in general, to protect investors and the public interest. The proposed 
rule change also supports the principles of Section 11A(a)(1) \15\ of 
the Act, in that it seeks to ensure economically efficient execution of 
securities transactions and fair competition among brokers and dealers 
and among exchange markets.
---------------------------------------------------------------------------

    \14\ 15 U.S.C. 78f(b)(5).
    \15\ 15 U.S.C. 78k-1(a)(1).
---------------------------------------------------------------------------

    In particular, as noted above, the proposed rule filing would bring 
the Exchange's odd-lot Rules and interpretive guidance into line with 
the way the odd-lot system is currently used by market participants. 
The proposed filing also would eliminate a historical distinction in 
the regulatory treatment of odd-lot trading that is no longer relevant 
in today's market. The Exchange has observed patterns of abuse by 
market participants who have crafted schemes involving odd-lot market 
orders that, were they implemented using odd-lot limit orders, would be 
violations of the Exchange's current odd-lot rules and interpretive 
guidance. The Exchange believes that, in order to effectively regulate 
the use of the odd-lot system and protect investors, it is necessary to 
close this loophole. In addition, the proposed filing would provide 
market participants with a comprehensive source of the Exchange's most 
current interpretive guidance and

[[Page 72097]]

application of odd-lot trading practices and Rules.

B. Self-Regulatory Organization's Statement on Burden on Competition

    The Exchange does not believe that the proposed rule change will 
impose any burden on competition that is not necessary or appropriate 
in furtherance of the purposes of the Act.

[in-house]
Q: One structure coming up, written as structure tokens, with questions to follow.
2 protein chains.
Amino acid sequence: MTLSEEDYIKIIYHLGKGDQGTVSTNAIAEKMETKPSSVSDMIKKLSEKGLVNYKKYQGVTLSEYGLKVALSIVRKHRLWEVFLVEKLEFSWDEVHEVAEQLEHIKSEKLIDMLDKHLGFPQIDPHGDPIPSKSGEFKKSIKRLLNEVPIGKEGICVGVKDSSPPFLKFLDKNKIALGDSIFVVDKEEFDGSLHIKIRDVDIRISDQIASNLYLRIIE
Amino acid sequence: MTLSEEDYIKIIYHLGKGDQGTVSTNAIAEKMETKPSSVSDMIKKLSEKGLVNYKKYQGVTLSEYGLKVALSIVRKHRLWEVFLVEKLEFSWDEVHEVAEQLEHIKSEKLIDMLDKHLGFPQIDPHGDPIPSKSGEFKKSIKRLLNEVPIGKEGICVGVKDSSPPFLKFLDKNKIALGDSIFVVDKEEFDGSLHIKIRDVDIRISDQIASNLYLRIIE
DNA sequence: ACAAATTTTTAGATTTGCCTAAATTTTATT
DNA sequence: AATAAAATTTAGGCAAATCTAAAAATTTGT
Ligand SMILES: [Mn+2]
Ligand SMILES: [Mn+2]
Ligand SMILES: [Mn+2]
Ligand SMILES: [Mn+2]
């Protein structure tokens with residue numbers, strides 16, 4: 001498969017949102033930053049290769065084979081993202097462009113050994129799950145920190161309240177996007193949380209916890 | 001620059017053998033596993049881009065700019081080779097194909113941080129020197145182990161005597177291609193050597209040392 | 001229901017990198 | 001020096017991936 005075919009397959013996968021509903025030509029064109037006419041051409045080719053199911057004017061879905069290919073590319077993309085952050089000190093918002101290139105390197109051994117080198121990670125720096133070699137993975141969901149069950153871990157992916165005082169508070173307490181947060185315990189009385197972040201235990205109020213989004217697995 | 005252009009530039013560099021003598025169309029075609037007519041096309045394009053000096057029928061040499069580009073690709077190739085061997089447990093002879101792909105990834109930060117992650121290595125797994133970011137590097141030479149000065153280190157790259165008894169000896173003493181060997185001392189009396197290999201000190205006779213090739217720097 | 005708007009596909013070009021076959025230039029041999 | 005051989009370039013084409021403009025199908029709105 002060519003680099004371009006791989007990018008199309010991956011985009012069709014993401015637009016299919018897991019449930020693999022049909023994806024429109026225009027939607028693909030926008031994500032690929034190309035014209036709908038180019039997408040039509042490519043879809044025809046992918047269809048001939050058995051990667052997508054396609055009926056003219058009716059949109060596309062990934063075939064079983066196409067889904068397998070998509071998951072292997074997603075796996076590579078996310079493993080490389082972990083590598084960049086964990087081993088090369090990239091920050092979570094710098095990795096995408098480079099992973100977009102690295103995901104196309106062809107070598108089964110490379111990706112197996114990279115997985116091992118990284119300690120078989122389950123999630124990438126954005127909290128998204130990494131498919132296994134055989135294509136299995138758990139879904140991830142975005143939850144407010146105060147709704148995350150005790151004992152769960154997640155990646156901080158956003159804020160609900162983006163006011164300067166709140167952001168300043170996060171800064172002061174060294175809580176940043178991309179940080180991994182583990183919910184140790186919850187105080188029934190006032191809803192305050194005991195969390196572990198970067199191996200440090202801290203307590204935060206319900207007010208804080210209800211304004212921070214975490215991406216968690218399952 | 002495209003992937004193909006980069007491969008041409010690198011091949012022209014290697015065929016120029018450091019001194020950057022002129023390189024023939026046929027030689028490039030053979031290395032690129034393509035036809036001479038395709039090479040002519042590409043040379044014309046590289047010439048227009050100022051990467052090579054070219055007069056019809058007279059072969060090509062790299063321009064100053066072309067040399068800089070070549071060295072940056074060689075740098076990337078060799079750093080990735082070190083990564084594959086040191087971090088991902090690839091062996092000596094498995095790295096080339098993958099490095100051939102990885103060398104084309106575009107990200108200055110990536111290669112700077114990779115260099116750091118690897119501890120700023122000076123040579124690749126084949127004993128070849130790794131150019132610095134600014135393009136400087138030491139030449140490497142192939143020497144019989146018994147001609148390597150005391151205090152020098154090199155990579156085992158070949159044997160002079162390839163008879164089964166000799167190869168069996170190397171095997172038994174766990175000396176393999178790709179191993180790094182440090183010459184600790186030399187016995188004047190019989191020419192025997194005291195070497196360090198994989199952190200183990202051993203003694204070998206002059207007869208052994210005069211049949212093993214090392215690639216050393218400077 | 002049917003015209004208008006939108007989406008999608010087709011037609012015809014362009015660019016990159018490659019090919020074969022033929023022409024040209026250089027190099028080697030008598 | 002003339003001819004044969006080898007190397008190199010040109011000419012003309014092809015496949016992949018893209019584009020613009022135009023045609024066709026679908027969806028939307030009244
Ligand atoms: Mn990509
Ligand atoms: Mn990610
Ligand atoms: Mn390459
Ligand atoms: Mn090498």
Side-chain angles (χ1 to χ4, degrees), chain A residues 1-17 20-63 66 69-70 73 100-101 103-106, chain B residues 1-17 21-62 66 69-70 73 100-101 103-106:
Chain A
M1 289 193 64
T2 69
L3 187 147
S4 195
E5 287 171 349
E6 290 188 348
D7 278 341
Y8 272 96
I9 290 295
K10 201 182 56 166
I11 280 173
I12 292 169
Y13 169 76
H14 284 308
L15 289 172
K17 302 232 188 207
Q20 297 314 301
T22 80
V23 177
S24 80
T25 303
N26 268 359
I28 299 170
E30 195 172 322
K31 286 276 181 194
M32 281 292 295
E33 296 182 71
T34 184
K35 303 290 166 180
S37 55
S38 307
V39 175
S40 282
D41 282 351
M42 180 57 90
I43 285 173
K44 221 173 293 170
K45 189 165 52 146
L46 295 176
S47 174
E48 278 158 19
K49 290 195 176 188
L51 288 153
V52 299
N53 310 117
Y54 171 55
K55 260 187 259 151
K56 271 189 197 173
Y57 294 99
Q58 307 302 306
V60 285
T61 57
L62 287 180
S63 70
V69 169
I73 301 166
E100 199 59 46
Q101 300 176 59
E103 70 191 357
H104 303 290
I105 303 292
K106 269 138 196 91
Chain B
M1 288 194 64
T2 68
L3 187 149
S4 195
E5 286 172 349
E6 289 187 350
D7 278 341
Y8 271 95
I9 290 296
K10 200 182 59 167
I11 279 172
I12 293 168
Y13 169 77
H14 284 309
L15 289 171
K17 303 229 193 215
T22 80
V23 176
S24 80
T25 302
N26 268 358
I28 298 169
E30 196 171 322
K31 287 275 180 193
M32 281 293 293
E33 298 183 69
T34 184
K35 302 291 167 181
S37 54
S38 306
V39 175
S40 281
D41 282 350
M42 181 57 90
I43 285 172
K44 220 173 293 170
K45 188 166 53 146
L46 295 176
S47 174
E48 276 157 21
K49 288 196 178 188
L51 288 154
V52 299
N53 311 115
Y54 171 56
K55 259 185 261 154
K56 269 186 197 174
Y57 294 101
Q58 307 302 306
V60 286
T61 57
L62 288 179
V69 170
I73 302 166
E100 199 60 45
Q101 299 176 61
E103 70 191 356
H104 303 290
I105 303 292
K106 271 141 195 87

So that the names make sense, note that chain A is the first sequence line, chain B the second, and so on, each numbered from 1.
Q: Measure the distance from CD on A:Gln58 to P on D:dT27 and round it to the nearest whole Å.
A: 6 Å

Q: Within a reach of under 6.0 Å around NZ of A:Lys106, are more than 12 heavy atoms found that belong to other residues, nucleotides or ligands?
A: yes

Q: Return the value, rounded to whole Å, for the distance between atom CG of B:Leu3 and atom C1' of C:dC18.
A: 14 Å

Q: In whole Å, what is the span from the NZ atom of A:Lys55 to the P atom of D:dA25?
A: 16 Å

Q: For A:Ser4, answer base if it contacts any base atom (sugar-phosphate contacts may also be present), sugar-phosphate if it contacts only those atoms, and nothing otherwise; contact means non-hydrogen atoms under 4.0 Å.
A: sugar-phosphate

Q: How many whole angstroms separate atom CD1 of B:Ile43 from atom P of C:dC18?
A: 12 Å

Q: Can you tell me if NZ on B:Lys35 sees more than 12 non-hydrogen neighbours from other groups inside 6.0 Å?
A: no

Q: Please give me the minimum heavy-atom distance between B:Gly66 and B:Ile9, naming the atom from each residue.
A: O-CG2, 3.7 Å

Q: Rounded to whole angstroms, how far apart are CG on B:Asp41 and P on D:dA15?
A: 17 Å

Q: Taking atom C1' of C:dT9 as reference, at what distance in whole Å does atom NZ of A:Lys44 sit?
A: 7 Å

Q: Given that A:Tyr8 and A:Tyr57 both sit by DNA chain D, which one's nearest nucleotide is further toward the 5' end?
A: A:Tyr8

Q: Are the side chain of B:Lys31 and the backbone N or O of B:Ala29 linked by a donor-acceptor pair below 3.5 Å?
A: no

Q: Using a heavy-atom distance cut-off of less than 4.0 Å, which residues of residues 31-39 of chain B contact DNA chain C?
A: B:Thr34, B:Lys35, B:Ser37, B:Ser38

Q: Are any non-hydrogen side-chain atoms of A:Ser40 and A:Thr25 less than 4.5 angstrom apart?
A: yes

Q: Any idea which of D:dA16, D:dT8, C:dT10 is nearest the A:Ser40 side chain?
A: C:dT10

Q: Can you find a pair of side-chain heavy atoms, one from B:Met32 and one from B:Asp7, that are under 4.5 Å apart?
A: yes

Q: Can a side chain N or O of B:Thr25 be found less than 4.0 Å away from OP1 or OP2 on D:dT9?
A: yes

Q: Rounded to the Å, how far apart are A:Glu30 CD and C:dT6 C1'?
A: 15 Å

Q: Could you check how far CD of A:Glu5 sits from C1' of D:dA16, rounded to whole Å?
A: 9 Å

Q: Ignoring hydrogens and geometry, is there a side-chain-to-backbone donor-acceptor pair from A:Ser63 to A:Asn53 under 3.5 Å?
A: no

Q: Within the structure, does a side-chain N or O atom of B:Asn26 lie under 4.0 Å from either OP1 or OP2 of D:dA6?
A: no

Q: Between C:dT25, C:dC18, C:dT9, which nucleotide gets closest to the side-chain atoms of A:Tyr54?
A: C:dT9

C. Self-Regulatory Organization's Statement on Comments on the Proposed 
Rule Change Received From Members, Participants or Others

    No written comments were solicited or received with respect to the 
proposed rule change.

III. Date of Effectiveness of the Proposed Rule Change and Timing for 
Commission Action

    Within 35 days of the date of publication of this notice in the 
Federal Register or within such longer period (i) as the Commission may 
designate up to 90 days of such date if it finds such longer period to 
be appropriate and publishes its reasons for so finding or (ii) as to 
which the self-regulatory organization consents, the Commission will:
    (A) By order approve the proposed rule change, or
    (B) Institute proceedings to determine whether the proposed rule 
change should be disapproved.

IV. Solicitation of Comments

    Interested persons are invited to submit written data, views, and 
arguments concerning the foregoing, including whether the proposed rule 
change is consistent with the Act. Comments may be submitted by any of 
the following methods:

Electronic Comments

     Use the Commission's Internet comment form (http://
www.sec.gov/rules/sro.shtml); or
     Send an e-mail to rule-comments@sec.gov. Please include 
File Number SR-NYSE-2008-116 on the subject line.

Paper Comments

     Send paper comments in triplicate to Secretary, Securities 
and Exchange Commission, 100 F Street, NE., Washington, DC 20549-1090.

All submissions should refer to File Number SR-NYSE-2008-116. This file 
number should be included on the subject line if e-mail is used. To 
help the Commission process and review your comments more efficiently, 
please use only one method. The Commission will post all comments on 
the Commission's Internet Web site (http://www.sec.gov/rules/
sro.shtml). Copies of the submission, all subsequent amendments, all 
written statements with respect to the proposed rule change that are 
filed with the Commission, and all written communications relating to 
the proposed rule change between the Commission and any person, other 
than those that may be withheld from the public in accordance with the 
provisions of 5 U.S.C. 552, will be available for inspection and 
copying in the Commission's Public Reference Room, 100 F Street, NE., 
Washington, DC 20549, on official business days between the hours of 10 
a.m. and 3 p.m. Copies of the filing also will be available for 
inspection and copying at the principal office of the Exchange. All 
comments received will be posted without change; the Commission does 
not edit personal identifying information from submissions. You should 
submit only information that you wish to make available publicly. All 
submissions should refer to File Number SR-NYSE-2008-116 and should be 
submitted on or before December 17, 2008.

    For the Commission, by the Division of Trading and Markets, 
pursuant to delegated authority.\16\
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    \16\ 17 CFR 200.30-3(a)(12).
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Florence E. Harmon,
Acting Secretary.
[FR Doc. E8-28042 Filed 11-25-08; 8:45 am]
BILLING CODE 8011-01-P